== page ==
Each level is also packed with additional weapons and items to be collected, something which introduces a strategic element: do you move up the screen for that power-up which will improve your firepower but put you at risk, or do you stay in the at the bottom of the screen in relative safety but risk coming up against an end of level bosses with limited firepower? This risk-and-reward makes the game quite a bit deeper than it might suggest on first glance and contributes to its addictive nature.
As already noted, the difficulty level is high and there are plenty of levels to conquer, so this is a title with plenty of long term challenge. Even when you've beaten it once, you can replay it on the higher difficulty level or, since Super Laser is an unashamed score attack game, try and smash your own high score.
Controls have also been well-thought out, with a choice of three different control methods so you can pick the one that works best for you. All of these work reasonably well and offer a strong degree of control over your ship, although personally I'd recommend sticking with the default option.
This is simplicity itself and involves simply dragging your finger across the screen; the ship will follow your finger's movements, whilst firing is automatic. Using this method, your little craft is highly responsive and, you will soon be able to weave yourself through the smallest of gaps to avoid contact with the enemy. I do find that after a while my finger starts to ache from the constant movement, which can place a limit on my gaming sessions as I need time to recover from the dangers of RSI and cramp!
The second method is to use the accelerometer. This is OK, although there is the usual issue of knowing exactly how far to tilt the screen to get your ship to move, whilst still being able to see the screen. Personally, I'm not a huge fan of accelerometer based games, certainly not in fast-paced blasters like this one.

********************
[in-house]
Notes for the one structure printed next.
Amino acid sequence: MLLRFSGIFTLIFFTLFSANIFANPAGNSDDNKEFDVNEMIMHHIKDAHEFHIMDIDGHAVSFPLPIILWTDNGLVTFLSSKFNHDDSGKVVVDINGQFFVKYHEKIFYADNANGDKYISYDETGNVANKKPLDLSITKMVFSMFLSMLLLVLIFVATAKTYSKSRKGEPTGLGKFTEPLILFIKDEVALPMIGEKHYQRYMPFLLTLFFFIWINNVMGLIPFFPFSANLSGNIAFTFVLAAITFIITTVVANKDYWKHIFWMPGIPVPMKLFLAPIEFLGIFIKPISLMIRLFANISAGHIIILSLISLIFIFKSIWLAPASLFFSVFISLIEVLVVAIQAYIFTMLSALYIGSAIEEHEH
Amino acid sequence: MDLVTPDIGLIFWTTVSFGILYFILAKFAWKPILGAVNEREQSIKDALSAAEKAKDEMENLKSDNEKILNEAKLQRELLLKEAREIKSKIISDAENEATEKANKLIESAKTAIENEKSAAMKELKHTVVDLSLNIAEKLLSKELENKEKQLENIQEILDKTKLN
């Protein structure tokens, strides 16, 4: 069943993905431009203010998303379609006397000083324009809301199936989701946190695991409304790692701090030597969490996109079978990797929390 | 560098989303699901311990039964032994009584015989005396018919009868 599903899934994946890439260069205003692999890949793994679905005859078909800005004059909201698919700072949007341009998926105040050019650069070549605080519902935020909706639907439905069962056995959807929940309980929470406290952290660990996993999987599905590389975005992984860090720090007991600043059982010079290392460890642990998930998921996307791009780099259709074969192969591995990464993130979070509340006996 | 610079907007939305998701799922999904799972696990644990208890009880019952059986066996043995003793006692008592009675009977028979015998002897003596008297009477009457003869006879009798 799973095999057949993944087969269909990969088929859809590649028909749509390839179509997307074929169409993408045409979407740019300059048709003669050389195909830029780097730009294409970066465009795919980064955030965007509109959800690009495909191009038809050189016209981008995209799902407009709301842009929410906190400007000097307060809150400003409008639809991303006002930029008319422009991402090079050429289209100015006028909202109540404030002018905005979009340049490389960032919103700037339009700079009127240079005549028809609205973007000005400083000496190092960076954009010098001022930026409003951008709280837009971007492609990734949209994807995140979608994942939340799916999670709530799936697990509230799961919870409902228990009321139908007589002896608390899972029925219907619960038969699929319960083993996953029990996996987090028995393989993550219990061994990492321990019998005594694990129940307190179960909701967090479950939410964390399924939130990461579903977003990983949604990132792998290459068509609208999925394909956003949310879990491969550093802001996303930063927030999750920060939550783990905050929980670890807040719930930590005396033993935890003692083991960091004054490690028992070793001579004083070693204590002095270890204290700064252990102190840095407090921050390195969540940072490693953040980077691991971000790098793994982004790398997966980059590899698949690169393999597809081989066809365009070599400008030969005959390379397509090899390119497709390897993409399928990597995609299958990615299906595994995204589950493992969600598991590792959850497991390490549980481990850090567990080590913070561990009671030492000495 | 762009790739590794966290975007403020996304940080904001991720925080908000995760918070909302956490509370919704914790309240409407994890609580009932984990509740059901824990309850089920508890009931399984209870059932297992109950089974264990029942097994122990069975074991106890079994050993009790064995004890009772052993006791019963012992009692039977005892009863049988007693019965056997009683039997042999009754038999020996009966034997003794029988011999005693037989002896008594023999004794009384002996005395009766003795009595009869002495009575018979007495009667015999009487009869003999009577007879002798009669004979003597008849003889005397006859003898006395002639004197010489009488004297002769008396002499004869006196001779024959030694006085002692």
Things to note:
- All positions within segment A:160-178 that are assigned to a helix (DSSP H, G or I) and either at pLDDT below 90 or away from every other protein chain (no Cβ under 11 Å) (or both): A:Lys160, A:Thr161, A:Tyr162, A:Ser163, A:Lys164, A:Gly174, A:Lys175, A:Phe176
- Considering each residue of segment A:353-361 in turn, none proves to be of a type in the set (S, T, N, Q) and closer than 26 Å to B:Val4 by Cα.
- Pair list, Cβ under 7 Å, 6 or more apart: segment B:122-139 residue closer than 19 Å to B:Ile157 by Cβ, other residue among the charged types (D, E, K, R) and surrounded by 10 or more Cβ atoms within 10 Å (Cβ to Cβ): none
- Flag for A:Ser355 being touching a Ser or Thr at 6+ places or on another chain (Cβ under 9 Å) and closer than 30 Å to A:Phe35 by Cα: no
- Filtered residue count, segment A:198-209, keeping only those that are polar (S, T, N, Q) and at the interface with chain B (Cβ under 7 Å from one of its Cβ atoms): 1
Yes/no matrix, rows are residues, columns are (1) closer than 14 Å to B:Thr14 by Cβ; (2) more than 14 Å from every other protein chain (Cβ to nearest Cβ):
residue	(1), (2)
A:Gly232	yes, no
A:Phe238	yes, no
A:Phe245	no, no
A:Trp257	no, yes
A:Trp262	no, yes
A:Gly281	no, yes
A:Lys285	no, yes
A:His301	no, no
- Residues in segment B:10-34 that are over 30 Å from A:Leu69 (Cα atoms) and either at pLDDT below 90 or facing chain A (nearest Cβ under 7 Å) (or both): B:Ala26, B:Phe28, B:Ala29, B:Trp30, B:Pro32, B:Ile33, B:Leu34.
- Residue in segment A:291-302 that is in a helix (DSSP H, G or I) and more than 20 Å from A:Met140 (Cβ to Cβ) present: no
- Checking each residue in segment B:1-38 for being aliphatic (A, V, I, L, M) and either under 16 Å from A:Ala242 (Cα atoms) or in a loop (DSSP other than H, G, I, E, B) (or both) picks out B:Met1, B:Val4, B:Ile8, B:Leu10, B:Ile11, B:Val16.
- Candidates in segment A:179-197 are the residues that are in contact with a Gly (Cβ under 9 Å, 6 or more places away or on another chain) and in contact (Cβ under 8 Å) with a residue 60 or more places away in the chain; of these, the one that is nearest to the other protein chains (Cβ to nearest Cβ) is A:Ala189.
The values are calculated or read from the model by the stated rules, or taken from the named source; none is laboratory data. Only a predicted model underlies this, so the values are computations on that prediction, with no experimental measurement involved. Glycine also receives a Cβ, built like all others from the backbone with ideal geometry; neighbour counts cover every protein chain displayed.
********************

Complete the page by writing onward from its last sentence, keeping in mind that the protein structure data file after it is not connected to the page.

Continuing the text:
The final method is the inevitable "virtual joystick." Although better implemented than on some games there is still the usual problem that it is all too easy for your finger to slip off the joystick, leaving you at the mercy of those marauding aliens. I also found that occasionally the joystick didn't respond quickly enough to my movement which was frustrating.
There were a few performance issues, presumably due to the demands that the fast-paced action places on the iPhone's (relatively) limited processing power. Sometimes the game would freeze for a few seconds or the frame rate would become jerky and sluggish. This doesn't happen too often though, and as updates have been released they have definitely become fewer in number.
So, if you're a fan of frenetic blasting action typical of the 16 bit era, then Super Laser is a real blast from the past (pun definitely intended!). Games like this used to cost around £30; Super Laser can be downloaded for just 59p. Now that's progress!
© Copyright SWSt 2011